Of particular interest to this audience was that Enigma automatically extracts information from the OEM’s illustrated parts catalogs (IPC), maintenance planning documents (MPD) and maintenance manuals (AMM/EM) and then updates the master parts list (MPL), maintenance requirements (MR) and job cards (task cards) in SAP. This ensures that service and parts data is always in-sync across the airline, whether it is used in a hangar/depot or in the field/flight-line. Since OEMs revise and update their technical documents frequently, airlines consider data accuracy and synchronization to be a huge benefit in terms of maintenance productivity, quality and compliance.
Another consideration is that because technical content directly impacts an airline’s second largest workforce (mechanics and engineers), the quality of that content, more than almost any other factor, determines if an MRO/ERP system succeeds or fails. When Enigma shared some industry metrics regarding the number of OEM changes, and the impact on maintenance operations, it proved the point and highlighted the need for an integrated solution of SAP, HCL-Axon and Enigma to improve aircraft MRO.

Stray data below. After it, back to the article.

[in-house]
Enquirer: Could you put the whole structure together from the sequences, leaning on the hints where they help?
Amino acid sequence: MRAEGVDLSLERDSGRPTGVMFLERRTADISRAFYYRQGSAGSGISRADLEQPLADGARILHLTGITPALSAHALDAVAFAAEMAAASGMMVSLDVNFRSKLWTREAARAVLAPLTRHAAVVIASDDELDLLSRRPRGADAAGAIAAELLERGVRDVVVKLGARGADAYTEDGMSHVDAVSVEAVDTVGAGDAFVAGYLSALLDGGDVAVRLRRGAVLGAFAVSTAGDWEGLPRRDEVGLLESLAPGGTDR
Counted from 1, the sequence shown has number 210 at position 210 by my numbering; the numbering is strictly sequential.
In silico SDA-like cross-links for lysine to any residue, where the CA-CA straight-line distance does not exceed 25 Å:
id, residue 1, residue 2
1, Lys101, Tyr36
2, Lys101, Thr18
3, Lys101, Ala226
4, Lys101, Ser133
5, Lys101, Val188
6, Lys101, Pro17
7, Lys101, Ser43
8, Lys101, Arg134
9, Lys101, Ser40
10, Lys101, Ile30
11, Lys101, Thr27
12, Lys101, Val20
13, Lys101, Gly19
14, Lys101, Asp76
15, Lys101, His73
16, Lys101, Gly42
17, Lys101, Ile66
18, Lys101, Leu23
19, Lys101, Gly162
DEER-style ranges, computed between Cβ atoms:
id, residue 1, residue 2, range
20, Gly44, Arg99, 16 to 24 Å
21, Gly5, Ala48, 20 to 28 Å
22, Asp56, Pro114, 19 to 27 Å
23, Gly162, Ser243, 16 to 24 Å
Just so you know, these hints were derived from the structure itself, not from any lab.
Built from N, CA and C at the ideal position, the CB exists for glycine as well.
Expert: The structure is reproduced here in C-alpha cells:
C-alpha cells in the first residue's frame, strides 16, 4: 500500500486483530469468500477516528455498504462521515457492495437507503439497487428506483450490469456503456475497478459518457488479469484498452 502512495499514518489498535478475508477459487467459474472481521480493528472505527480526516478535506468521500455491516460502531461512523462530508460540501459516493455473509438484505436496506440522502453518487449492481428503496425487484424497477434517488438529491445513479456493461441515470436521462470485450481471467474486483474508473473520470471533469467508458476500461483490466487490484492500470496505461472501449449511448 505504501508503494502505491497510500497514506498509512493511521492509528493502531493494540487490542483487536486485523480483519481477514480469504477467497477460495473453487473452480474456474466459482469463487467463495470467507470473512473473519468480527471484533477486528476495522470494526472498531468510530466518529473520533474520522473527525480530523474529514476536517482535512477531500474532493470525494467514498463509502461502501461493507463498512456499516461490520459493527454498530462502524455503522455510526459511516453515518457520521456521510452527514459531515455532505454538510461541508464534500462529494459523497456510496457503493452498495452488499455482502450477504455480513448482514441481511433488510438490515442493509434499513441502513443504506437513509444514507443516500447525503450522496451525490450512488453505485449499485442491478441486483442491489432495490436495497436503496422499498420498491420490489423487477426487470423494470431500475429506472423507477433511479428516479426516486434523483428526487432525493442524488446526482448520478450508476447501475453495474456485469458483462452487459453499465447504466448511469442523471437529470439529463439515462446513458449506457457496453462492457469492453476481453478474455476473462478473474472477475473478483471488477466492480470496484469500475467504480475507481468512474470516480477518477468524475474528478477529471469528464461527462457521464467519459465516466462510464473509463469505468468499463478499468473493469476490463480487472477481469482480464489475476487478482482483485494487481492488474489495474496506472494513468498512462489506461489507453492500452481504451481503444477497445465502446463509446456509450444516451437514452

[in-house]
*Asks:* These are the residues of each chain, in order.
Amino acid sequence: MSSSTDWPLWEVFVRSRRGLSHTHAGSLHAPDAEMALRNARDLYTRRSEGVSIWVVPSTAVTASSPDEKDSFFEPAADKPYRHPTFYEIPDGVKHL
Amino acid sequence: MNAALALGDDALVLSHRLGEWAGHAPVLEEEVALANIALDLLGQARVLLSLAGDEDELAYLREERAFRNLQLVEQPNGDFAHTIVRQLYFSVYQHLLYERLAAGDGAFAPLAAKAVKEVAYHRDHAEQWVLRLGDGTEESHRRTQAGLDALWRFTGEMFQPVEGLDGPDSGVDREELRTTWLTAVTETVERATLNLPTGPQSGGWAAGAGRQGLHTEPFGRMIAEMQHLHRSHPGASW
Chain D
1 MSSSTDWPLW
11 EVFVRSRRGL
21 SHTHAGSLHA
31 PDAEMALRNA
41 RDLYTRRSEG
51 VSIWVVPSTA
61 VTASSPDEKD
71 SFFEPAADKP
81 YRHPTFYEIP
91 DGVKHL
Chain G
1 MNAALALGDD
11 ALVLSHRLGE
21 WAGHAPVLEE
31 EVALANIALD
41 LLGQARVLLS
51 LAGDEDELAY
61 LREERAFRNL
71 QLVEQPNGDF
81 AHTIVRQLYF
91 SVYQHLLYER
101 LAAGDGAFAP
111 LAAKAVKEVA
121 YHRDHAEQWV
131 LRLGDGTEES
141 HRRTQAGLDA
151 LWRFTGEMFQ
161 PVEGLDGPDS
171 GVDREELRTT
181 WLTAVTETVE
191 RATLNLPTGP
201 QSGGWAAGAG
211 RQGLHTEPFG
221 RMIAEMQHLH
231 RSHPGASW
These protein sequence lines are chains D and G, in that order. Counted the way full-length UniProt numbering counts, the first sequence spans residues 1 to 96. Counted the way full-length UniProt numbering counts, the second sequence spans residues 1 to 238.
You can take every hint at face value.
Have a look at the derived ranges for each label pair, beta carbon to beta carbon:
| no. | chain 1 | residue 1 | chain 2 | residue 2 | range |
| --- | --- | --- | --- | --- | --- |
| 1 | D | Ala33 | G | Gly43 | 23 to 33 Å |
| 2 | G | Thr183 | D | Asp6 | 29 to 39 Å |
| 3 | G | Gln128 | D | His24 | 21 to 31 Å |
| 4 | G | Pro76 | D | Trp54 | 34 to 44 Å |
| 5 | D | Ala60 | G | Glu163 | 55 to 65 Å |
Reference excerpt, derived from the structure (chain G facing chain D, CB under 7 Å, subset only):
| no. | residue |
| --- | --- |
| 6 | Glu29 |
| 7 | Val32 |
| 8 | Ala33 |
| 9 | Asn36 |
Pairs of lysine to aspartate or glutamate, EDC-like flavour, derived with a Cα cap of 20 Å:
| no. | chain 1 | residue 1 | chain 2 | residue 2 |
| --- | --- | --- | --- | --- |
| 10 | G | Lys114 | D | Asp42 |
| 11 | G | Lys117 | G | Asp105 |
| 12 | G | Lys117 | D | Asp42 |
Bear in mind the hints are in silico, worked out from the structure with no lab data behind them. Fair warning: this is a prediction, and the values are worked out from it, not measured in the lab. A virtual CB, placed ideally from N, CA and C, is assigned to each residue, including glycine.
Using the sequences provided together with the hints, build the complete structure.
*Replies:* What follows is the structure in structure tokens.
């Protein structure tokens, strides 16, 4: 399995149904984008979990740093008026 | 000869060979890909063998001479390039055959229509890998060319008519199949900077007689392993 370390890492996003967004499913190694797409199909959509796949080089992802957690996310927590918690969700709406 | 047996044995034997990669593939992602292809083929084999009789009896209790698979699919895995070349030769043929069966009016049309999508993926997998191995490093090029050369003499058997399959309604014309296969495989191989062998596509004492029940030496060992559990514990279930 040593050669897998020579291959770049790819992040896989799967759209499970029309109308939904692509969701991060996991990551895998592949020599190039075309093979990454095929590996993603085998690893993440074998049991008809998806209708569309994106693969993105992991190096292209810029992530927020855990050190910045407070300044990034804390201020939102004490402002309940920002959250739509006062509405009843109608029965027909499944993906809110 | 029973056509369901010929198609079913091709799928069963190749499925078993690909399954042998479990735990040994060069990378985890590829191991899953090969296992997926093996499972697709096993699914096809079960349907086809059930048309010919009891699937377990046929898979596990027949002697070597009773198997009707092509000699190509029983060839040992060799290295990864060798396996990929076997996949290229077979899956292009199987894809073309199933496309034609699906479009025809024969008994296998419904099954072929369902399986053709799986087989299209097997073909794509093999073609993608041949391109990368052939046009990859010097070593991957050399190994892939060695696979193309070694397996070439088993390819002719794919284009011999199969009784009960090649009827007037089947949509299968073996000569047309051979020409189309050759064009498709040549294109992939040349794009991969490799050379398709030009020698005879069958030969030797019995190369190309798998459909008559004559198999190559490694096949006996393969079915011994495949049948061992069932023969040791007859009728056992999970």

The audience in Dallas was very receptive to the insights Enigma was able to provide. Following our presentation, we had a number of conversations regarding the application of this solution beyond airlines including: rail, maritime and freight. We appreciate SAP inviting Enigma to participate in this annual event and hope to have similar opportunities in the future.